These parables not only explain what is happening in modern Christianity, but they also show that the more these problems persist, the closer we are to the return of Christ. The Lord wants us to understand this, as He said in Matthew 13:11, “It is given unto you to know the mysteries of the Kingdom of Heaven.”

Jesus begins the Kingdom Parables with the Parable of the Sower. In Mark 4:13, Jesus said the Parable of the Sower is the key to understanding all parables. That means that the symbols used in the Parable of the Sower carry over to all of the Kingdom Parables. This is an important detail, because failing to apply the same meaning to the same symbols leads to the misinterpretation of the parables, which leads to false expectations, which leads to disillusionment.

Over the coming week, we will explore the Kingdom Parables. However, here is a quick summary.

  1. The parable of the sower – A man goes forth to sow. Some seed falls by the wayside and is snatched up by the birds (the fowl of the air). Some falls among the thorns and is choked out. Some falls upon stony ground and never takes root in itself. Some falls on good ground and brings forth fruit. Jesus later explains that the sower is the Son of Man (Jesus Himself). The seed is the word. The field is the world. The birds (fowl) is the evil one (Satan and his demons.) Again, these symbols carry over into all of the parables.
  2. The Wheat and the Tares – A man sows good seed in his field. His enemy sows bad seed (tares). As the plants grow, the man realizes what his enemy has done. Instead of rooting out the tares, the man allows them to abide, fearing that he would lose the wheat in the process. At harvest time, the wheat is separated from the tares. The wheat is gathered into the man’s barns, the tares are burned. This parable symbolizes the effects of a false gospel being spread throughout the world, and how the followers of that false gospel can infiltrate God’s churches. Instead of trying to root out the followers of the false gospel, we should bring forth fruit to honor our Lord. Doing so draws a contrast between the believers of the true Gospel, and the believers of the false gospel. This parable reinforces the symbolism of the Parable of the Sower.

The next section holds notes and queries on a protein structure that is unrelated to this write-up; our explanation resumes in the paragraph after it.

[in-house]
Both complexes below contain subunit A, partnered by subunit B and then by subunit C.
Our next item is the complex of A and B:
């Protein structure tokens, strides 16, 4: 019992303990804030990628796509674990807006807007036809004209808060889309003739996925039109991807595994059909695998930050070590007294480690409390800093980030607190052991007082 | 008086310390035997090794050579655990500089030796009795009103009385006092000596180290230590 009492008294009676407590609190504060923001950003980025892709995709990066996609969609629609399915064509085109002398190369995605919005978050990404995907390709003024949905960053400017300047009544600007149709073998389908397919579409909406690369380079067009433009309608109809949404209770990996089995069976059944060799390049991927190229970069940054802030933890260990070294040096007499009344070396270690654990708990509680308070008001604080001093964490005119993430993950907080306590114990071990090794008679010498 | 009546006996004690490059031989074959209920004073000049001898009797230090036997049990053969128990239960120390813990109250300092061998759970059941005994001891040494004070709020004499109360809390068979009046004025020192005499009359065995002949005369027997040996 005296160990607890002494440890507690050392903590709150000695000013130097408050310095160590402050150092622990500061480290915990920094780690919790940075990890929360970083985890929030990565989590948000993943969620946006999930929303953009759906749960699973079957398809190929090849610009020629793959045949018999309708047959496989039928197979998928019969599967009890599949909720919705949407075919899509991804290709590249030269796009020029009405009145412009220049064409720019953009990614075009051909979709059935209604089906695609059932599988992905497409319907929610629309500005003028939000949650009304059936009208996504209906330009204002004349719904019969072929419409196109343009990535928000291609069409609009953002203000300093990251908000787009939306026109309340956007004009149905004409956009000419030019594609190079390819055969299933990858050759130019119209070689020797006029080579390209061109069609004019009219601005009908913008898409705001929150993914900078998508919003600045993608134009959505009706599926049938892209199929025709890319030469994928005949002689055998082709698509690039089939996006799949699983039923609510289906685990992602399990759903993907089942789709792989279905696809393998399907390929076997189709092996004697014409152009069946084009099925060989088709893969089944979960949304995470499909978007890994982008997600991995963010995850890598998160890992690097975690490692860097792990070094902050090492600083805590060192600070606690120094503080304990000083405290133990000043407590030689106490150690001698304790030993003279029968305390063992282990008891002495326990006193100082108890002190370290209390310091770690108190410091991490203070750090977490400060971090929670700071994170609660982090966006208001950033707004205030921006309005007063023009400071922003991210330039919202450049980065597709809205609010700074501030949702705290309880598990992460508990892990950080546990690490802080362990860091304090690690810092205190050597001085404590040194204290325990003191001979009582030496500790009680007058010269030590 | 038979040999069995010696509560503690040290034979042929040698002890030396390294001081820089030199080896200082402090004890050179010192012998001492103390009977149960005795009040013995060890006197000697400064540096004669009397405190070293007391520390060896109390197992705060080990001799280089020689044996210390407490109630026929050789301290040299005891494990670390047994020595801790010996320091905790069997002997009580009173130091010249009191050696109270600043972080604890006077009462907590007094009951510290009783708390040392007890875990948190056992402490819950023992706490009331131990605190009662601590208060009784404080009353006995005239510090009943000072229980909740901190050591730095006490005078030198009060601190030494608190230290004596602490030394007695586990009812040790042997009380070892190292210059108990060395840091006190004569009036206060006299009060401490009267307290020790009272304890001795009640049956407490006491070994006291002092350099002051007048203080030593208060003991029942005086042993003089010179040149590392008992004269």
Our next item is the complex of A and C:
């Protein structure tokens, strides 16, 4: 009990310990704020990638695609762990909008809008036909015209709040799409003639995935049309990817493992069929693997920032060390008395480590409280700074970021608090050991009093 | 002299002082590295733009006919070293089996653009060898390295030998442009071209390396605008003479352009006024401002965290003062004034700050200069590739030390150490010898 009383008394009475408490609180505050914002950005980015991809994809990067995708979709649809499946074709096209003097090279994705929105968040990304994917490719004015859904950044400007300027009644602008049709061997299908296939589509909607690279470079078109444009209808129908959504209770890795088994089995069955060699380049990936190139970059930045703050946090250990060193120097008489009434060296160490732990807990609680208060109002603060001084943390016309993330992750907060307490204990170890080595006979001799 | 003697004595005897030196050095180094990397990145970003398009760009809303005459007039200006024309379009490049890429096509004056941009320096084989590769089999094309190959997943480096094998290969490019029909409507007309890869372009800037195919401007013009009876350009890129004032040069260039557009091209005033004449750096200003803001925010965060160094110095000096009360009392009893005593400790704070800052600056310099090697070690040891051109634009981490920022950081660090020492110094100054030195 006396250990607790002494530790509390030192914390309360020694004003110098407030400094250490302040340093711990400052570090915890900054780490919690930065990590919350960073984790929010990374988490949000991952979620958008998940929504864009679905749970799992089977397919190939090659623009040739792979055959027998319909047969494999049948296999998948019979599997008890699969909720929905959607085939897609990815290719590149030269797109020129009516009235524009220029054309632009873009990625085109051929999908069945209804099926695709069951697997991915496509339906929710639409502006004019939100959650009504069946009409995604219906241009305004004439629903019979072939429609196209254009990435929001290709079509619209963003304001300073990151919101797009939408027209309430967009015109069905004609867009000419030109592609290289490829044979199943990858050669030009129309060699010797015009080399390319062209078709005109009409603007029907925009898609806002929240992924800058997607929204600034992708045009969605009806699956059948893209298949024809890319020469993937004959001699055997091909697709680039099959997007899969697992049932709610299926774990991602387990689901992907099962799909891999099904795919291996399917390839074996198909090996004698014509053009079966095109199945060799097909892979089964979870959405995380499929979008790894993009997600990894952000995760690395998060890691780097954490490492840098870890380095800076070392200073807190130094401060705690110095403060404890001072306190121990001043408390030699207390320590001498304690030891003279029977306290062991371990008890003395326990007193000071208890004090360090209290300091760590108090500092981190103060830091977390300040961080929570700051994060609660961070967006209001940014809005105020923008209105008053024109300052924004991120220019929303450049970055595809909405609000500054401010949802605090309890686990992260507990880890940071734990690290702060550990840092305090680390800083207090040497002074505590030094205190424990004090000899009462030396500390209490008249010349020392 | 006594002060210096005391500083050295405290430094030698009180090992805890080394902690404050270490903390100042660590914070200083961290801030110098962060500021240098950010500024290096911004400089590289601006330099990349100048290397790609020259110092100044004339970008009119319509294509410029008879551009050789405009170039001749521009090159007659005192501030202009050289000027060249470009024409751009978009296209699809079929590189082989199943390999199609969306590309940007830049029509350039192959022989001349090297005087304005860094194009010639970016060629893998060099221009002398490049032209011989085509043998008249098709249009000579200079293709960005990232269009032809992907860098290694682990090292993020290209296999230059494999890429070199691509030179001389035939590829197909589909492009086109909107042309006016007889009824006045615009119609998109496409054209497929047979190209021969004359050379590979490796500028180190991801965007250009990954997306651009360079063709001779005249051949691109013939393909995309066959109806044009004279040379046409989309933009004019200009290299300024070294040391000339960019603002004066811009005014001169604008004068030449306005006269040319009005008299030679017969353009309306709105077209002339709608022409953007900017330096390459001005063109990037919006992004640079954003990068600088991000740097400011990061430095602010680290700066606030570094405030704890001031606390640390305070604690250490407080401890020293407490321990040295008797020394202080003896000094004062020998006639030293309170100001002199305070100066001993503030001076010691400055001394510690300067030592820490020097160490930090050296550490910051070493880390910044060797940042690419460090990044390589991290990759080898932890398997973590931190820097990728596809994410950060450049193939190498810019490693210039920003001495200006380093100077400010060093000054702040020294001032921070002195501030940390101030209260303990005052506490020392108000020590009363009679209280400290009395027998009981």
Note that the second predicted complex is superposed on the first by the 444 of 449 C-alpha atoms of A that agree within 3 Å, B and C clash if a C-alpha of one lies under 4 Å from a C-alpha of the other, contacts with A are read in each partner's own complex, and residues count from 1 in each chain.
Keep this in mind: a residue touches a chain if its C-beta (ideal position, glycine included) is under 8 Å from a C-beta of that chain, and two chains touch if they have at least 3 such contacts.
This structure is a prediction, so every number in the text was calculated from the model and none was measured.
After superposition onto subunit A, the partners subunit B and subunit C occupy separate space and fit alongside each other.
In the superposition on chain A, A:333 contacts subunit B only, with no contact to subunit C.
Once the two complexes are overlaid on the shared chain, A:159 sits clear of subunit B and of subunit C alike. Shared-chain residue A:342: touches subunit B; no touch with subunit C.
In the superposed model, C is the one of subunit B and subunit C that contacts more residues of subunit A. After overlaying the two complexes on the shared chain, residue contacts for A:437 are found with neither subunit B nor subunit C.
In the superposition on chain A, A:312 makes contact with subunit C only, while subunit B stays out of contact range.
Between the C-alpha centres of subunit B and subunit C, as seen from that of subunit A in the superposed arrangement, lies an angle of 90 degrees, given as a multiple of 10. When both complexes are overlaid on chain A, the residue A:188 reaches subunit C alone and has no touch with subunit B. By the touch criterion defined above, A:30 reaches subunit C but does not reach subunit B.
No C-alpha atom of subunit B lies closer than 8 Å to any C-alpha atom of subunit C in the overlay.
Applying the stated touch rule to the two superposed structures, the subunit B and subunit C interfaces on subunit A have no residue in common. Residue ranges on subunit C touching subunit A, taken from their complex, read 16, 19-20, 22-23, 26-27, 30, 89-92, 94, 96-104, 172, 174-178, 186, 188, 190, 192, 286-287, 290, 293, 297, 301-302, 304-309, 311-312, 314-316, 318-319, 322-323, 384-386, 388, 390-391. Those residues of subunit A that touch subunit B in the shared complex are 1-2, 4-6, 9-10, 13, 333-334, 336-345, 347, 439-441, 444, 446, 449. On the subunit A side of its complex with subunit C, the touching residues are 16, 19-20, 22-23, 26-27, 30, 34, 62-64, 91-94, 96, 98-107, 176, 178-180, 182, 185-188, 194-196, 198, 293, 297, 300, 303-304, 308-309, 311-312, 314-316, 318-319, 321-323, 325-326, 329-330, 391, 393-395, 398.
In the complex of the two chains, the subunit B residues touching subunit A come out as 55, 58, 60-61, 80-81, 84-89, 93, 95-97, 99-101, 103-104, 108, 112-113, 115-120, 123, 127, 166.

3. The Parable of the Mustard Seed – This is one of the most misinterpreted parables. A man (the sower, the Son of Man, Jesus Christ) sowed a grain of mustard seed (the word) in His field. The seed is small, but grows into a mighty tree, such that the birds (Satan and his demons) lodge in the branches thereof. This parable teaches that, as the Gospel and Christianity gain influence in the world, Satan and his demons will show up in order to pollute it. (Seriously, ever seen what an abundance of birds like grackles and buzzards will do to a tree?) This parable explains why bad things happen in churches.
  4. The Parable of the Leaven – Leaven is always symbolic of sin. It’s why the bread we use for the Lord’s supper is unleavened. Christ was, and is, sinless. It’s why the Israelites were told to sweep out the leaven from their homes in preparation for Passover. That massive cleaning effort symbolized repentance. In the Parable of the Leaven, a woman takes the leaven and hides it in three measures of meal, until the whole lump was leavened. This parable shows how infectious sin is. It can infiltrate everything, and it does. This parable shows that a time will come when even on its best days, sin will be rampant in the church. (And this should be no surprise. The Apostle Paul wrote that even when he would do good, evil was present within him.) This parable not only explains why bad things happen in churches, but also why sometimes it seems that everything is self-serving.

Following the parable of the leaven, the Lord further explains the wheat and the tares before giving a few more parables that explain our salvation and redemption. All together, the parables explain why things go wrong, and how the Lord redeems us from such.

So, when I experience church hurt, I remember that the ones who offended me were merely acting out of their own hurt and misunderstanding, that the Lord loves them, and that He loves me too. Understanding that, along with the fact that the Lord is still in control, and He is still coming to establish His Kingdom on Earth once and for all, I am able to better heal from such hurt, with my faith and relationship with the Lord in tact.

Have you experienced church hurt? Feel free to share your story with us.

 

 

Pastor Leland Acker has led Life Point Baptist Church since its founding in 2008.

The Parable of the Sower (Audio included)